Devil's Pass Review

Devil's Pass

2013 - 100 minutes

Rated: R

Directed by: Renny Harlin

Written by: Vikram Weet

Starring: Holly Goss, Matt Stokoe, Luke Albright, Richard Reid,

Gemma Atkinson

“Devil’s Pass” (aka “The Dyatlov Pass Incident” internationally) unites a director who peaked nearly two decades ago with a horror sub-genre that has been more miss than hit as of late. The tenuous mixture does nothing to revitalize the more-than-capable Renny Harlin (director of “Die Hard 2”), or the found footage horror category. It’s far from horrible, but it just sort of lingers until a revelatory conclusion that, while virtually un-guessable, lacks any real punch.


Earnest Oregon college student Holly (Holly King) has secured a grant to investigate the mysterious Dyatlov Pass Incident – a real-life event where 9 experienced hikers were found dead in the Ural Mountains in 1959. The most likely explanation is an avalanche, but as with any catastrophe conspiracy theories abound – from covert weapons tests to alien interference. The filmmaker within the fake found footage film, Jenson (Matt Stokoe) forcefully puts forth many ideas he likely found online.


The 1959 “incident” has several facts that could serve as intriguing setups for speculative fiction: the hikers were discovered wearing little clothing, one was missing a tongue and there were fractured skulls and ribs without serious external trauma. But “Devil’s Pass” isn’t interested in proposing serious answers to these questions, only getting these kids to this place to unleash its outlandish climax.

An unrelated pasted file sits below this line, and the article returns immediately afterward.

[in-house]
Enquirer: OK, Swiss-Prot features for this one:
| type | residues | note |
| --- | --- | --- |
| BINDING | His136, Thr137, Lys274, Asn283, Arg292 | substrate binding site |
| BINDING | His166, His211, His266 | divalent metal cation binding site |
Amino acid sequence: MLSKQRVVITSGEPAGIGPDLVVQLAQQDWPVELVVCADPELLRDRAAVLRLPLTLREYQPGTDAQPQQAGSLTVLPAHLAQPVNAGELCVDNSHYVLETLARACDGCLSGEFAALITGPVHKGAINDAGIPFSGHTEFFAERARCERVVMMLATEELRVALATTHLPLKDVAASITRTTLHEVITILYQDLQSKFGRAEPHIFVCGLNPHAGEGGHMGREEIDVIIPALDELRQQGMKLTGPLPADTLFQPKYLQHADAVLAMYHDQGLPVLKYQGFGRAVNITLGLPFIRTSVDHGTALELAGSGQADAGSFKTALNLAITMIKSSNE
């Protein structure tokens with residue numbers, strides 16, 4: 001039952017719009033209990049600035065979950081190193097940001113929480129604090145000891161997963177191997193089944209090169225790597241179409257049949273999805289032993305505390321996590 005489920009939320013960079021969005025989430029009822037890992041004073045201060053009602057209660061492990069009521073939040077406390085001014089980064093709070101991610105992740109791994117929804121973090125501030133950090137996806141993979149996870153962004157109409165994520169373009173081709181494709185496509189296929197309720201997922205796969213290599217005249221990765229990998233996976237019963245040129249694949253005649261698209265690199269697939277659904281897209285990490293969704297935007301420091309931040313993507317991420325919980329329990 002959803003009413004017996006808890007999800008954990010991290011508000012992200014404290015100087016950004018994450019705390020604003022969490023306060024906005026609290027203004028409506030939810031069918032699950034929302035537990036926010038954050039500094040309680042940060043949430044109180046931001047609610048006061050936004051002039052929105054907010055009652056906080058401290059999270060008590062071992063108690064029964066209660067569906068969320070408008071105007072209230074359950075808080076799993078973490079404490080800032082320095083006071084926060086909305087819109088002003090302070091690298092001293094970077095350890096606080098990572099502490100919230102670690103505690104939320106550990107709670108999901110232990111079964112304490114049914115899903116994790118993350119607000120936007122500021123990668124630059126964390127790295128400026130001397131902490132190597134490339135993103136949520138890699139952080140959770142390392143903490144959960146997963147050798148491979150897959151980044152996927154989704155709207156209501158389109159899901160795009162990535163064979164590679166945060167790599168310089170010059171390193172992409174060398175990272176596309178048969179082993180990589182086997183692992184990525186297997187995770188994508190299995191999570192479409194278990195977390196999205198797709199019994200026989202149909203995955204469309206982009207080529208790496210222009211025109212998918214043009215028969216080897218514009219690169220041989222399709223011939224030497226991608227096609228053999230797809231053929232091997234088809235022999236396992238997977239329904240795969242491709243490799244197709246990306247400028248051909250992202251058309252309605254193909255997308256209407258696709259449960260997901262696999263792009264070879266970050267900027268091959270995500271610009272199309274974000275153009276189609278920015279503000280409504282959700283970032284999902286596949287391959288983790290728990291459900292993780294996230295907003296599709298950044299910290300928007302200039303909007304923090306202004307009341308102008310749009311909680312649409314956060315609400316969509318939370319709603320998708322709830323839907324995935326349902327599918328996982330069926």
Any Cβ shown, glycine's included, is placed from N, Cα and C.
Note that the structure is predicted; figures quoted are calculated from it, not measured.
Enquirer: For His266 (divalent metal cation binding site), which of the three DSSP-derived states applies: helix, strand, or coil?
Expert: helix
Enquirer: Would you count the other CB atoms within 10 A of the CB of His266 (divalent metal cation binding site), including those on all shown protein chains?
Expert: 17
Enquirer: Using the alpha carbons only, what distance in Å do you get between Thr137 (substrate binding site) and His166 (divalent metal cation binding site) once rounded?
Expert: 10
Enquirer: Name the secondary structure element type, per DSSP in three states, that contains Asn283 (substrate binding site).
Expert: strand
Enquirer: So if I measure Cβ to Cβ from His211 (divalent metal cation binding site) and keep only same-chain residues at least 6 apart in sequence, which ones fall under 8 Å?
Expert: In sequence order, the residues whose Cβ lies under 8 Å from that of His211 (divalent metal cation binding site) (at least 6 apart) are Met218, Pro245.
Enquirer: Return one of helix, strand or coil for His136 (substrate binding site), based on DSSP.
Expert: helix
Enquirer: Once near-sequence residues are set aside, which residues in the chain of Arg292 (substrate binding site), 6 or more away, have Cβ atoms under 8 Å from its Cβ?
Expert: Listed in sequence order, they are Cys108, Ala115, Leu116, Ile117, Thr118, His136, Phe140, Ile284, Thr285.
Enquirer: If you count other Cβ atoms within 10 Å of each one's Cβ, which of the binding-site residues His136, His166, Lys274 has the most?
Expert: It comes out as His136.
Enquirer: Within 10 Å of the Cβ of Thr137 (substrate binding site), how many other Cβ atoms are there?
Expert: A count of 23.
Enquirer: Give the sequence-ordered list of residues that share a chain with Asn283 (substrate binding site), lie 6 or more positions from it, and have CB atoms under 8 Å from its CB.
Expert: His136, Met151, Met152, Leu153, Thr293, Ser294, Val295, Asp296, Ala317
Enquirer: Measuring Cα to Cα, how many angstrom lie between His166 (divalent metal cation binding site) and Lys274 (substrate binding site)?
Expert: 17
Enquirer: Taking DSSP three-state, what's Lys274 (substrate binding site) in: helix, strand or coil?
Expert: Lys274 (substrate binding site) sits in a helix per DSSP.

Blindly determined but offering no clue as to what their real motivations are, Denise, Jenson, their buddy J.P. (Luke Albright) and a couple of climbing experts take off to Russia with no concrete plan of what to document or how to do it. The film follows this pattern as well, turning what could be an interesting investigation into a slow, plodding burn that is all about pulling the rug out at the end. Performances are lackluster, missing a natural sense of banter with a lot of conversations devoted to relaying information about their equipment and why and how footage is being shot.


Luckily, the crew in “Devil’s Pass” wanders into a bar with a helpful drinker that can give them a lift and also has a familial connection to the 1959 incident. How convenient. Of course, this also leads to a cryptic interview with someone who knows something, but reveals just enough to add a little more fuel to the investigative fire.

Once the steps of the original hiking party begin being retraced, the location takes over as the most interesting character in the film. Trading the wooded setting of “The Blair Witch Project” (from which this film borrows from heavily) for the barren snow-covered mountains, there is an icy sense of dread when strange noises are heard and unexplainable footprints appear around the students’ campsite.


Unfortunately, the third act completely abandons the eerie natural landscape for a labyrinth of underground bunkers filled with secret government documents. Night vision and POV runs through dark tunnels are just a couple examples of uninspired, tired tricks of the genre that surface.


Of the mystery I will say no more, but I can almost guarantee you that you won’t anticipate what happens. Though grand in scope of imagination, the scripting from first-timer Vikram Weet lacks stakes and feels small – in the moment, at least.


Within the world of the film, the footage of the students was released online. After seeing it for myself, I couldn’t help but think about what would happen after this footage was viewed by millions on YouTube. Whatever it is would probably be much more interesting than the fate of these dull kids that plays out over 100 well-edited and dutifully shot minutes. It all feels like preamble to something greater that doesn’t materialize.


© 2013 by Blake Crane

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